Benefits for Extension Agents

  1. This group effort fosters increased teamwork among the five agents involved in the cluster.

  2. Curriculum and materials developed at the summer "hands-on" meeting have been used to improve meetings during the winter. Pictures taken in the summer, with digital cameras, are presented in PowerPoint presentations.

  3. This activity has increased the number of clientele visiting and using the facilities at the Eastern Ohio Resource and Development Center.

  4. The five agents have developed more specific "Specialization Areas" for presenting re-certification classes.

  5. ANR agents have reduced winter meetings. Offering summer pesticide re-certification classes reduces the number of clientele who need to be re-certified during the winter. Summer "hands-on" meetings allow agents to consolidate and to reduce the number of trainings offered during the winter. Summer meetings also allow agents to utilize a slow period during the summer.


A survey was developed to compare the "hands-on" training method to the winter classroom approach. An 80% response rate was achieved. When asked to compare the summer "hands-on" training to the winter classroom meetings, participants rated the summer meeting as a 4.70 on a Likert-type scale, with one being poor and five being excellent. When rating how they were assisted in learning and how much they remembered the topics, the winter meetings scored a 3.55 and the summer "hands-on" training scored a 4.26.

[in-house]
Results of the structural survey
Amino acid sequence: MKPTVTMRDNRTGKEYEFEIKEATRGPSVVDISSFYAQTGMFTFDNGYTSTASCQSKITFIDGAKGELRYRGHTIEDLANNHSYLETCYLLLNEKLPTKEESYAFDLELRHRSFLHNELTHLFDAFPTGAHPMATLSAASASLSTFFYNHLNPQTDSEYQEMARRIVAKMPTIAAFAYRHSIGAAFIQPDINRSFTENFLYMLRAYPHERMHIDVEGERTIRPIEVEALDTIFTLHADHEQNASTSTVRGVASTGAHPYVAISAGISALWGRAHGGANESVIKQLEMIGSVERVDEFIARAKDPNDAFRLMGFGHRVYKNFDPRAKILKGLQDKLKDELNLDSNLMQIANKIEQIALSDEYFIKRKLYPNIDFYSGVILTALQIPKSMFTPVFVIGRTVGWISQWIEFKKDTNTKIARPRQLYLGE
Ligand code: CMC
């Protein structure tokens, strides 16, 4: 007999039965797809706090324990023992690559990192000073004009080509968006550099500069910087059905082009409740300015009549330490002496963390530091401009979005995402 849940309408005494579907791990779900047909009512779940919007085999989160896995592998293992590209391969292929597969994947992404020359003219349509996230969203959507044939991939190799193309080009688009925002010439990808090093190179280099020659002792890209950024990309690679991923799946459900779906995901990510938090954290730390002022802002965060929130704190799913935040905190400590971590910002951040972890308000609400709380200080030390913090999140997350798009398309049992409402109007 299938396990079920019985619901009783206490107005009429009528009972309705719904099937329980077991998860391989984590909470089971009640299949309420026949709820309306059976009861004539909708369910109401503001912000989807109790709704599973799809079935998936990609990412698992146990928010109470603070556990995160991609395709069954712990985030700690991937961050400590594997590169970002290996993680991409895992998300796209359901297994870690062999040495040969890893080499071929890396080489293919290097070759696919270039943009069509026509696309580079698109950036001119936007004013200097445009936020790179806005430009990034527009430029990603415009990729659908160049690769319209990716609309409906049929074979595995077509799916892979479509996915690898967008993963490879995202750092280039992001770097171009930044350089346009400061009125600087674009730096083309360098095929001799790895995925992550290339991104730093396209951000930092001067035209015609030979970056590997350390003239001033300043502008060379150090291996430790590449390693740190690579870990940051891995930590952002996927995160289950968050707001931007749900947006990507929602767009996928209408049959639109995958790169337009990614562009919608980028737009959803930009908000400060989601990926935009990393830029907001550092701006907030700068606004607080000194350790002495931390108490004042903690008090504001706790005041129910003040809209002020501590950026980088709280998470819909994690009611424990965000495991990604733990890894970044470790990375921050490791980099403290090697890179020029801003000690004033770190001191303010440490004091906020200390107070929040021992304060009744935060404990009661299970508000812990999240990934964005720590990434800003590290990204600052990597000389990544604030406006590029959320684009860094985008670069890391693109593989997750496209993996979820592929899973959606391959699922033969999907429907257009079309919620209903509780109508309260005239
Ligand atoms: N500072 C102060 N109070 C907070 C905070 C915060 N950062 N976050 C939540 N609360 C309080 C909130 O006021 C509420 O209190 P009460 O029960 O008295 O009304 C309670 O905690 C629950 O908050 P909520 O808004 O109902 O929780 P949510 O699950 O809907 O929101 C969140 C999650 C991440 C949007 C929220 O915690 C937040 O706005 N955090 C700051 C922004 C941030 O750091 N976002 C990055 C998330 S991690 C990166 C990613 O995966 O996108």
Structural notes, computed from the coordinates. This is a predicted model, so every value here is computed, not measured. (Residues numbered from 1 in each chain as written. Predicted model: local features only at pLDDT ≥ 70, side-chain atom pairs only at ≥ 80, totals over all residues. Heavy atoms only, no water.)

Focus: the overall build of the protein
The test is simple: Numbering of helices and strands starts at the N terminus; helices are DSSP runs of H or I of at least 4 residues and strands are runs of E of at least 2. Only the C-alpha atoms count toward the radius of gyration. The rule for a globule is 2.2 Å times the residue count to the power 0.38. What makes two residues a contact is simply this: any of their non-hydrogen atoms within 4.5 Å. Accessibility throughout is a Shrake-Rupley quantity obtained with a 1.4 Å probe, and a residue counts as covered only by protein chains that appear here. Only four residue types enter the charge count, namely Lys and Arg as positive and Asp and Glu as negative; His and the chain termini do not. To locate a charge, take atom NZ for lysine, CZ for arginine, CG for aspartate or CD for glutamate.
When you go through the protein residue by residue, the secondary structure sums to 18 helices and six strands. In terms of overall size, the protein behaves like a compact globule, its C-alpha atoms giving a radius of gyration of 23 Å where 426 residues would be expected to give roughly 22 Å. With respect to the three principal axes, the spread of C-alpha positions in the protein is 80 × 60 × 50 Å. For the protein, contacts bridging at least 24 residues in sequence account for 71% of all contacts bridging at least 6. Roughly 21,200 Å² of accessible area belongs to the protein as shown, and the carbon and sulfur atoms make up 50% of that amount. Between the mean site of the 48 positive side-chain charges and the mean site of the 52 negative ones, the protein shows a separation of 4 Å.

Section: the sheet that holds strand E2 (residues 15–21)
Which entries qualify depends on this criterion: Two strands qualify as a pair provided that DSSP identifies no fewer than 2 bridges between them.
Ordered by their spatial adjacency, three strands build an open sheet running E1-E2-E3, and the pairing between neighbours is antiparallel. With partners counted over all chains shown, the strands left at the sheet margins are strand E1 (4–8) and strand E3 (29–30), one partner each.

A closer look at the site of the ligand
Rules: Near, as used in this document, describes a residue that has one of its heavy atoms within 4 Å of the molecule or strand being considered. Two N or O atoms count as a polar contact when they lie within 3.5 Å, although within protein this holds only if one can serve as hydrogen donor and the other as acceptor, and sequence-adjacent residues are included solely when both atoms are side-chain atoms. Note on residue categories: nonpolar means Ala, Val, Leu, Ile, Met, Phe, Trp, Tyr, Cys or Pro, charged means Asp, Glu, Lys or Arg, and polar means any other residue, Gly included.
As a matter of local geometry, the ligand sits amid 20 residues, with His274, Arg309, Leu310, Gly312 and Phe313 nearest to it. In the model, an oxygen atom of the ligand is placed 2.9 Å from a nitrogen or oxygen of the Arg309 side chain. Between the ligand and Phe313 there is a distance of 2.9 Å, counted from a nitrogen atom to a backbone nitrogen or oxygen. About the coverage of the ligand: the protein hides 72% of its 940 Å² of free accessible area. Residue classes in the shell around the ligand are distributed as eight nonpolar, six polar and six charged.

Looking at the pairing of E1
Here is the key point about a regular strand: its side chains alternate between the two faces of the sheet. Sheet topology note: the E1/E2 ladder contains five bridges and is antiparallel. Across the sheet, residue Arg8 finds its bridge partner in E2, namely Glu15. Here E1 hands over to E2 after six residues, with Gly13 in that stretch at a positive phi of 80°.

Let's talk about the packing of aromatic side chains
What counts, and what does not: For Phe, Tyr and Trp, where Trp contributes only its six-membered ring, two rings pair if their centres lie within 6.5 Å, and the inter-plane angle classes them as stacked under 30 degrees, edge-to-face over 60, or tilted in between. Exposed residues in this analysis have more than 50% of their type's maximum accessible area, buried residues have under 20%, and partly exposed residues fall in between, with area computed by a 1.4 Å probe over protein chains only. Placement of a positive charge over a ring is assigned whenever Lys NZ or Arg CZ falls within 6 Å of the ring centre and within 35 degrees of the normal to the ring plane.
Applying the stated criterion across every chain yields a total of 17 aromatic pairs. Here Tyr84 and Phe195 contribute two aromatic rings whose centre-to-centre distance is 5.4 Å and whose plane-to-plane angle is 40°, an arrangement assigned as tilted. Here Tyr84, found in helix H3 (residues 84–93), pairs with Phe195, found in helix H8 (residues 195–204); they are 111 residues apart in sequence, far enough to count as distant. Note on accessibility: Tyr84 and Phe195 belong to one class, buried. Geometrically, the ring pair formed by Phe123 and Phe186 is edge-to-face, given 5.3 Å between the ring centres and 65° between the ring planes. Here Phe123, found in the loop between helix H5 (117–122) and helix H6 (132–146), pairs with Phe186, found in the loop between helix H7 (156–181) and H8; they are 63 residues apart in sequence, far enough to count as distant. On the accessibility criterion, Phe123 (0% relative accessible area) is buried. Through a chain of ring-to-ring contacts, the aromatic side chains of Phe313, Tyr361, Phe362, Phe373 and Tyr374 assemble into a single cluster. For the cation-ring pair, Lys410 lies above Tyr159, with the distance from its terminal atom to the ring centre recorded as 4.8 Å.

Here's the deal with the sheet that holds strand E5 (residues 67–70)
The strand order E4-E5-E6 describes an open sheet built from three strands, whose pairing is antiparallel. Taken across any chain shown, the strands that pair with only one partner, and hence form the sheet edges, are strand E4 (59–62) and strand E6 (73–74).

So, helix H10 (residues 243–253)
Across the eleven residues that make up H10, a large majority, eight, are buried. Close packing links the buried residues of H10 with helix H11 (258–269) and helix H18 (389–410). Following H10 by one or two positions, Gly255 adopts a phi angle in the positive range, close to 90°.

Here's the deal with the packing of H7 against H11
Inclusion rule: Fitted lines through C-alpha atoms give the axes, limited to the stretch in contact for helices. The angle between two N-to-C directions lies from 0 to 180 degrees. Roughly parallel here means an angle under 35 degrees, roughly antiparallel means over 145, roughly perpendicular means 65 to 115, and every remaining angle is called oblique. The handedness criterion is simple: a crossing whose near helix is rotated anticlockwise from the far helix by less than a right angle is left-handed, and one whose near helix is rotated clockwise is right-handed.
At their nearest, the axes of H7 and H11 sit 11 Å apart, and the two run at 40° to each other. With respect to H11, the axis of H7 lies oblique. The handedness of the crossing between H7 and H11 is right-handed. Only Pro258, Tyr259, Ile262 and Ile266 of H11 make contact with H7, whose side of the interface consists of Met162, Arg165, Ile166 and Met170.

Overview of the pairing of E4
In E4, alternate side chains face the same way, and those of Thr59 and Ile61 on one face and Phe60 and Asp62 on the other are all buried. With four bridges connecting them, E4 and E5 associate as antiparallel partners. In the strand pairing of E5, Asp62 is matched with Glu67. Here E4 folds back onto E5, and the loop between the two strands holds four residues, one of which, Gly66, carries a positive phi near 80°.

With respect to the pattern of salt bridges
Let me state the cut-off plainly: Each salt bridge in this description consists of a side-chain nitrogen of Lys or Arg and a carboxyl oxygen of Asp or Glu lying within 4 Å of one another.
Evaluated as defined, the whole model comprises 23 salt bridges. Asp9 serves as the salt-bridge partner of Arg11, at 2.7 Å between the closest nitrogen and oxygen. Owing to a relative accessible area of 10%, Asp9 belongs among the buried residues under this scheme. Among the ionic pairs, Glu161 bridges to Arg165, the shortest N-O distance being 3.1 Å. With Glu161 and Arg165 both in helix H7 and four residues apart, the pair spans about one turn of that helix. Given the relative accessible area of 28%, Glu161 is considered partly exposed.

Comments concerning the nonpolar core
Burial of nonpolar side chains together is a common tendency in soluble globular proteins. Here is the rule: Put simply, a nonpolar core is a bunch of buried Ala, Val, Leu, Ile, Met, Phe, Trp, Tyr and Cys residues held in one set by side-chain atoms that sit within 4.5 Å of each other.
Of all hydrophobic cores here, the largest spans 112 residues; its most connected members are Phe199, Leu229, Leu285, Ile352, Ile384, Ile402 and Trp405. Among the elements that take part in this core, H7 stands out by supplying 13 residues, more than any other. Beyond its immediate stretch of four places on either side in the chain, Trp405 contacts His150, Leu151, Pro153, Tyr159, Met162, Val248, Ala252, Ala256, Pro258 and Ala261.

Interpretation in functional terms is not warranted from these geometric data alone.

In response to open-ended questions, respondents shared comments such as:

  • "It's a change of pace."
  • "Seeing makes it simple."
  • "A handful of vegetation or bugs is worth 1,000 words."
  • "Much better."
  • "Easier to understand. We could see the plants that grow in our fields."


Summer "hands-on" pesticide re-certification is beneficial in many ways. Both clientele and ANR agents prefer the format of these meetings. Teaching with a "hands-on" approach will continue in the East District agent cluster.